But what unites Basques on both sides of the border is a love of seafood and only the freshest, seasonal ingredients. An abundance of delicious fish and seafood awaits the discerning gastronome in Bayonne, including oysters, mussels, spider crab, hake, baby squid, octopus, sea bass, sea bream – the possibilities are endless. Among the essential ingredients of Basque cooking are the deep-red chilies that add an extra bite to many of the region’s dishes, including the dusting on the locally prepared Bayonne ham. The French Basques are very proud of their signature ham, and with good reason – it is among the finest in Europe. The meat must come from one of the eight clearly defined breeds of pig reared in the region, and the production methods are strictly controlled. After slaughter, the meat must be cured and aged for a minimum of 7 months, with most top examples being aged for up to 10 months before sale. The result is utterly exquisite: Bayonne ham is typically slightly sweet, with a very subtle flavor and aroma that is a match made in heaven with a glass of Champagne. Cheese lovers will also want to search out Ossau-Iraty, a wonderfully creamy and pungent cheese produced in the Irati forest from sheep’s milk.
Aficionados of all things sweet are also catered for in Bayonne; Basques love cakes and patisserie, the most popular being Gateau Basque, a layer cake filled with cream or cherry jam. However, it is artisan chocolate that makes Bayonne a special destination for confectionary lovers. Indeed, the city played a decisive role in spreading the cocoa confection through Europe, thanks to its proximity to Spain, where Spanish conquistadors first brought cacao beans upon their return from the Americas. The chocolatier business was started by Jews fleeing persecution in Spain and Portugal, who turned Bayonne into one of the chocolate capitals of Europe. Rue Port Neuf, the pedestrian “chocolate street” where many of the town’s oldest chocolate makers have their shops, is, therefore, an essential part of your itinerary.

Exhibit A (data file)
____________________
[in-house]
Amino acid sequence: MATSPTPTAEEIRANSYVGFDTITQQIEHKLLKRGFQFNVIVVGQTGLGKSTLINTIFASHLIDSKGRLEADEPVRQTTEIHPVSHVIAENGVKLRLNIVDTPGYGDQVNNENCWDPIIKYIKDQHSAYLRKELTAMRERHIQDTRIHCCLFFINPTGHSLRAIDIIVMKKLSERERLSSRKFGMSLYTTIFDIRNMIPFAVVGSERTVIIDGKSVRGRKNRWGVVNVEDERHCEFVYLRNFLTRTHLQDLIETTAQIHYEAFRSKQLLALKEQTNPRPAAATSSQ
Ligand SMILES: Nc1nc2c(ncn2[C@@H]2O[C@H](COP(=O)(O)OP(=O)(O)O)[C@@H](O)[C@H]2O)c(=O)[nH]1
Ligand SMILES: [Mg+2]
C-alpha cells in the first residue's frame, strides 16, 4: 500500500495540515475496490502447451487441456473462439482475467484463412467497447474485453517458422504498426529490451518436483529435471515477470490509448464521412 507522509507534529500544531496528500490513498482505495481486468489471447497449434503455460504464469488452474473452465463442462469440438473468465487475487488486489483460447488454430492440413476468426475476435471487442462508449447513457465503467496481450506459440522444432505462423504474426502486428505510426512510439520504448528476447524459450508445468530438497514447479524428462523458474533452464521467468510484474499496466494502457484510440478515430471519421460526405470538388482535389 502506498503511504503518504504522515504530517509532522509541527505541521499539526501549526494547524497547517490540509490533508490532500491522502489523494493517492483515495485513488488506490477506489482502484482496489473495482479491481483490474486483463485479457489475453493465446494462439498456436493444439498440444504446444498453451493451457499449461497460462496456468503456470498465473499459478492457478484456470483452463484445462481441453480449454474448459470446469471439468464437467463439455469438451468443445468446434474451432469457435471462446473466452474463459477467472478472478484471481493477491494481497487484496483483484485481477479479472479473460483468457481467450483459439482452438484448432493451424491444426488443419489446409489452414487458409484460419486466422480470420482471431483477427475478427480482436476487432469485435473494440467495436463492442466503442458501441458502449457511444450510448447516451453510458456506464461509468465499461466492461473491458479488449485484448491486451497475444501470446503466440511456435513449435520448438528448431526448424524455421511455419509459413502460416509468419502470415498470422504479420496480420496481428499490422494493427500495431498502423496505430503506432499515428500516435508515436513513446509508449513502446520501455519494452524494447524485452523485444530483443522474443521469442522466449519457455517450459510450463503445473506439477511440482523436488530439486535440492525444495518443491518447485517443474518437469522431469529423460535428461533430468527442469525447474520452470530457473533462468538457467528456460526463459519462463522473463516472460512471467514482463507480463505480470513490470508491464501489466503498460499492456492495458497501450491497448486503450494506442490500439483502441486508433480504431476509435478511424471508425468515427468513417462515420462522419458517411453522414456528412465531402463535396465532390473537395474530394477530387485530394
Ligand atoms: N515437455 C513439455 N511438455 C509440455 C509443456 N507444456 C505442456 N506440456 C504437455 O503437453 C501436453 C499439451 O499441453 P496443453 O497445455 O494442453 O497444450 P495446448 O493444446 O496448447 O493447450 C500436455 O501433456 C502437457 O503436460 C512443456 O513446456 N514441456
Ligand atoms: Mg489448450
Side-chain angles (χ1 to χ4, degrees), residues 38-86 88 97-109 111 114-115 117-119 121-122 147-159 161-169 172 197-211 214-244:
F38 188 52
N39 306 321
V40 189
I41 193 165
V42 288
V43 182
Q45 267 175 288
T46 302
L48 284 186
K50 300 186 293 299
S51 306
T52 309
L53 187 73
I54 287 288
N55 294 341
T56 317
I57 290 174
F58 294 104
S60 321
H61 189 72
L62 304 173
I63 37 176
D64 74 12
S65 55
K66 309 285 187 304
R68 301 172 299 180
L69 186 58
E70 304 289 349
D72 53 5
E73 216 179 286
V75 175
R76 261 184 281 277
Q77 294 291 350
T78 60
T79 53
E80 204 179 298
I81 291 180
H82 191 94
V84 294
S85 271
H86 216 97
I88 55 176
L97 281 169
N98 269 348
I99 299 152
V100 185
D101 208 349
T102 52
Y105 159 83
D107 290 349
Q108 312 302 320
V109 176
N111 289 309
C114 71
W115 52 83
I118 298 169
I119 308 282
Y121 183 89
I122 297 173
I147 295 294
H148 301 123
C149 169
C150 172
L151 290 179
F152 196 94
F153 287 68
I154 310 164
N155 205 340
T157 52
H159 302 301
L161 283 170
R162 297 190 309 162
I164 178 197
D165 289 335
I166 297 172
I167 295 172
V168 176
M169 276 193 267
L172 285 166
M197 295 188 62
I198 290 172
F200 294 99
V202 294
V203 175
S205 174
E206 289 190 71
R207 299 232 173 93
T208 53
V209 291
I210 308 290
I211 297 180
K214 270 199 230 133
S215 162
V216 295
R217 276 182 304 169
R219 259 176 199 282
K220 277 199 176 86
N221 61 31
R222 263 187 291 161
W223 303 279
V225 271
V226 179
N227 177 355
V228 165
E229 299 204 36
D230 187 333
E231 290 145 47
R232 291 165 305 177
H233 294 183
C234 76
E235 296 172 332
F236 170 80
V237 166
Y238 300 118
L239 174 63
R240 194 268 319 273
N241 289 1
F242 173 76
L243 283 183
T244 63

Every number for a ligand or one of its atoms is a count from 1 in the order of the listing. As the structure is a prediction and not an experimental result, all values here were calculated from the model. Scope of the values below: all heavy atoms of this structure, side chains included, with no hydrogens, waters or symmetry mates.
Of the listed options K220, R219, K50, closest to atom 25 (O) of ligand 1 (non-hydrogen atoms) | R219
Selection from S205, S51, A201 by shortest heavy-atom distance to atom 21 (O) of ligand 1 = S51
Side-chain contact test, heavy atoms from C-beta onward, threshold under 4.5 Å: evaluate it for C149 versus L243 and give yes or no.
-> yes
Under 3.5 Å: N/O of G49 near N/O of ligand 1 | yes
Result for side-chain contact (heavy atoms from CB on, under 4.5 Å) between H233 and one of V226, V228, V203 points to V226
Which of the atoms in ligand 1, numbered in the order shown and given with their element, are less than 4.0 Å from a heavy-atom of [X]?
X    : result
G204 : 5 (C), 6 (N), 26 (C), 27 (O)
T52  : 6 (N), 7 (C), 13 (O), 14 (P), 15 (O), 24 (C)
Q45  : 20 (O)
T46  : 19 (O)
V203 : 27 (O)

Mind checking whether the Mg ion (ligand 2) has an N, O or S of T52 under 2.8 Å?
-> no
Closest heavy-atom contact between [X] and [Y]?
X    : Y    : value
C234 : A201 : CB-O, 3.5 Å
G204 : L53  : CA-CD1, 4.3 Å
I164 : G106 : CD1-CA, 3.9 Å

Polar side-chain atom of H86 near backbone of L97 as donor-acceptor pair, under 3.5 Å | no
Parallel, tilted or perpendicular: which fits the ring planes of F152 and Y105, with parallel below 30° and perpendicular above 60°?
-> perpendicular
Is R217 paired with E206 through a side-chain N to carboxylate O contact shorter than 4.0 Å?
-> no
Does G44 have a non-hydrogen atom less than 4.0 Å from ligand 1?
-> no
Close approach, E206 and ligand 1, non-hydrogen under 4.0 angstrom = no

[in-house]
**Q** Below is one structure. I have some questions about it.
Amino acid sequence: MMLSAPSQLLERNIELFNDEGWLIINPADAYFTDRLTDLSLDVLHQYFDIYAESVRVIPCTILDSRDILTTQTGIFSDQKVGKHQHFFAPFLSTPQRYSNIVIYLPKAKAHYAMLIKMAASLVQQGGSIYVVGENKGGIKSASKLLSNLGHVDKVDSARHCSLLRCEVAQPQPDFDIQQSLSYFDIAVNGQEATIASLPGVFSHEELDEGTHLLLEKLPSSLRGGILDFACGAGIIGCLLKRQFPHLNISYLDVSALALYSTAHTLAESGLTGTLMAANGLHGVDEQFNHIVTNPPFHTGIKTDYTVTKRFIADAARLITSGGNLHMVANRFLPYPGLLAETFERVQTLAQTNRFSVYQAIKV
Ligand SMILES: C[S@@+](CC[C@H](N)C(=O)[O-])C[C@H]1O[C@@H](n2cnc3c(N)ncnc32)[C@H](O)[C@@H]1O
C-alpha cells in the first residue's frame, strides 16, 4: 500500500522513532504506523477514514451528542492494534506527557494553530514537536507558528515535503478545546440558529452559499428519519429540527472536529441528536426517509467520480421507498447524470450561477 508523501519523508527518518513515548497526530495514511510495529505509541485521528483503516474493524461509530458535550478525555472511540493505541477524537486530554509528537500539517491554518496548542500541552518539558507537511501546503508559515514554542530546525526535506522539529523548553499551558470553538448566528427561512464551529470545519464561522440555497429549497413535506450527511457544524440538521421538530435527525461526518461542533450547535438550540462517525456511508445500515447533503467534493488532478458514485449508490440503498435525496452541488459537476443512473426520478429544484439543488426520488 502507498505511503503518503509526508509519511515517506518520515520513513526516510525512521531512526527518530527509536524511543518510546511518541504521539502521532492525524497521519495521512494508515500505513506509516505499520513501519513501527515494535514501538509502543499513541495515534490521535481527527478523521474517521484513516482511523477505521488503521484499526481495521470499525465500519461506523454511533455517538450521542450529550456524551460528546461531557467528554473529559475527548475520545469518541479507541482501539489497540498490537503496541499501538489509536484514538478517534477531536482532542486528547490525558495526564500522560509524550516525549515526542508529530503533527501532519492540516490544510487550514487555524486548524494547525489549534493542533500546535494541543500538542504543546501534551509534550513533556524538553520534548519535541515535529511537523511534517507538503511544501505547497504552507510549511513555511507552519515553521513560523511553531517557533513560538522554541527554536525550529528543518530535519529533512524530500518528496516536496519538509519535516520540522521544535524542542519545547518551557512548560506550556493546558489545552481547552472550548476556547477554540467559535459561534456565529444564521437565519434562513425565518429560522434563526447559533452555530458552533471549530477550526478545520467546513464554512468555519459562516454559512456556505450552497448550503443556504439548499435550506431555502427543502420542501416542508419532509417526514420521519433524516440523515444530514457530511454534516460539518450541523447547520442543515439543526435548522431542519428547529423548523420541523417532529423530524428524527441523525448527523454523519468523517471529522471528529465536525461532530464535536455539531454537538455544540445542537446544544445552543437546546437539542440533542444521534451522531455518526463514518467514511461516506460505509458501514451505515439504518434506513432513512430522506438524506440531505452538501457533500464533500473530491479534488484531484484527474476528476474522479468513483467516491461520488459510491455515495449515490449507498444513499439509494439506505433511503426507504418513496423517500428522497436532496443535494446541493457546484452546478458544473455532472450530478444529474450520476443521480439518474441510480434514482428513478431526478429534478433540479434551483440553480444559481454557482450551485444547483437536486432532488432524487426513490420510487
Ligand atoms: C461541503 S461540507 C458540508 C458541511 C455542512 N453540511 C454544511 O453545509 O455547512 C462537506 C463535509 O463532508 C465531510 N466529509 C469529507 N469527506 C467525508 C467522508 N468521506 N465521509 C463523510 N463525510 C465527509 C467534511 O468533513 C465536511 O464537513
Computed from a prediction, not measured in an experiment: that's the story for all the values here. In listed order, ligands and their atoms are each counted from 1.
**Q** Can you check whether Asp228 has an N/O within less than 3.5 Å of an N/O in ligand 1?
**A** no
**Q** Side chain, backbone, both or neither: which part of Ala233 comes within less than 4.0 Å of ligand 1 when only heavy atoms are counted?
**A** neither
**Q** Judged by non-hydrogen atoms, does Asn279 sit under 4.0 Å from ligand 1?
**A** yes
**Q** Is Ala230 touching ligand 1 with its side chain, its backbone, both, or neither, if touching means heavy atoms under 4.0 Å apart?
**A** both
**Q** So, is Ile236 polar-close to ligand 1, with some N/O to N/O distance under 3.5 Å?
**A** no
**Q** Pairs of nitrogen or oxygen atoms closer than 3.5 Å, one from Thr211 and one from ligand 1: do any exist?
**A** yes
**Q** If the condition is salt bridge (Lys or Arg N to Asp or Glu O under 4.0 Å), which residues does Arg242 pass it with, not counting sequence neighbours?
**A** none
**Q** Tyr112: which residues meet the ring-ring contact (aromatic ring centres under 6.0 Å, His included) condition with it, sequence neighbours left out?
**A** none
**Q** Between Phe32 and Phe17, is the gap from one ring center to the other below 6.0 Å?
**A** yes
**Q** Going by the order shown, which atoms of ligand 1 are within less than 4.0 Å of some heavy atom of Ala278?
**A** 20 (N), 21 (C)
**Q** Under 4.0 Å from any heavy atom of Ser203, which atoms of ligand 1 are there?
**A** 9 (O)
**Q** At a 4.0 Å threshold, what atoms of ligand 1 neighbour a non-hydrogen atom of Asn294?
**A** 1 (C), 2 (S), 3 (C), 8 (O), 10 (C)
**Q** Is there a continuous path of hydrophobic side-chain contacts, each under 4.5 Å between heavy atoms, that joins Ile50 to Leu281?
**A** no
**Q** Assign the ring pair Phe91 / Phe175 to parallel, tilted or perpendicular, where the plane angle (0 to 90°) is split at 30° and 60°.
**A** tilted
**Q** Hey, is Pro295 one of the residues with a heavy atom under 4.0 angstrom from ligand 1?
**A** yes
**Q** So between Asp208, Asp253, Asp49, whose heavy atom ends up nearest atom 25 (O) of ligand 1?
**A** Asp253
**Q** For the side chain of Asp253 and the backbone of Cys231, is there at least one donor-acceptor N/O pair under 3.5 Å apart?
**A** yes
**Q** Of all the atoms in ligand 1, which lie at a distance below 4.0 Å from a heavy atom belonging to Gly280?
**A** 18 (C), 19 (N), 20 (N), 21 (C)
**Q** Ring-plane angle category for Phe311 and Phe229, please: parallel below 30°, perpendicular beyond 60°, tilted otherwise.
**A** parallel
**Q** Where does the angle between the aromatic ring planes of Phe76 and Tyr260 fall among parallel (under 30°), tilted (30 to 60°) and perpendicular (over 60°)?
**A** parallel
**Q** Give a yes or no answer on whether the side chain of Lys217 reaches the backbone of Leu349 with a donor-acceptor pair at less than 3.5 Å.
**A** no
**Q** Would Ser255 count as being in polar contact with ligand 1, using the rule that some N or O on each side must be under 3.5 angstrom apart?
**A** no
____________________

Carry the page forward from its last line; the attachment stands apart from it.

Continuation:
The only thing the Cote Basque ‘lacks’ to an extent is wine – there are no major areas to rival the prestige of Bordeaux and Burgundy. However, the region of Irouléguy is increasingly celebrated for its aromatic whites and robust reds. Tannat and Madiran are widely planted, while Gros Manseng and Petit Manseng form the backbone of the whites. Of course, any decent restaurant in Bayonne will have a list covering the whole of France, from St-Emilion to Champagne.
The city’s 17th-century fortifications are now covered with grass and dotted with trees, enveloping Bayonne’s center in a tranquil green belt that begs to be explored. Visitors should also walk the stretches of the old ramparts that rise above boulevard Rempart Lachepaillet and rue Tour de Sault.
The twin towers of Bayonne’s Gothic Cathedral are magnificent, soaring above the city with an imposing grace and presence. Construction began in the 13th century, and was completed in 1451; the mismatched materials almost resemble Lego blocks. The stained-glass windows are particularly beautiful and date back to the mid-16th century.
One of Bayonne’s most excellent museums, the Bonnat, is crammed with treasures including canvases by El Greco, Goya, Ingres and Degas, and a roomful of works by Rubens.
If you’re searching for the quintessential Basque seaside town with atmospheric narrow streets and an abundance of excellent restaurants, then look no further. St-Jean de Luz is uniquely stylish, proud, and fun-loving, a testament to the considerable allure of the beautiful Cote Basque.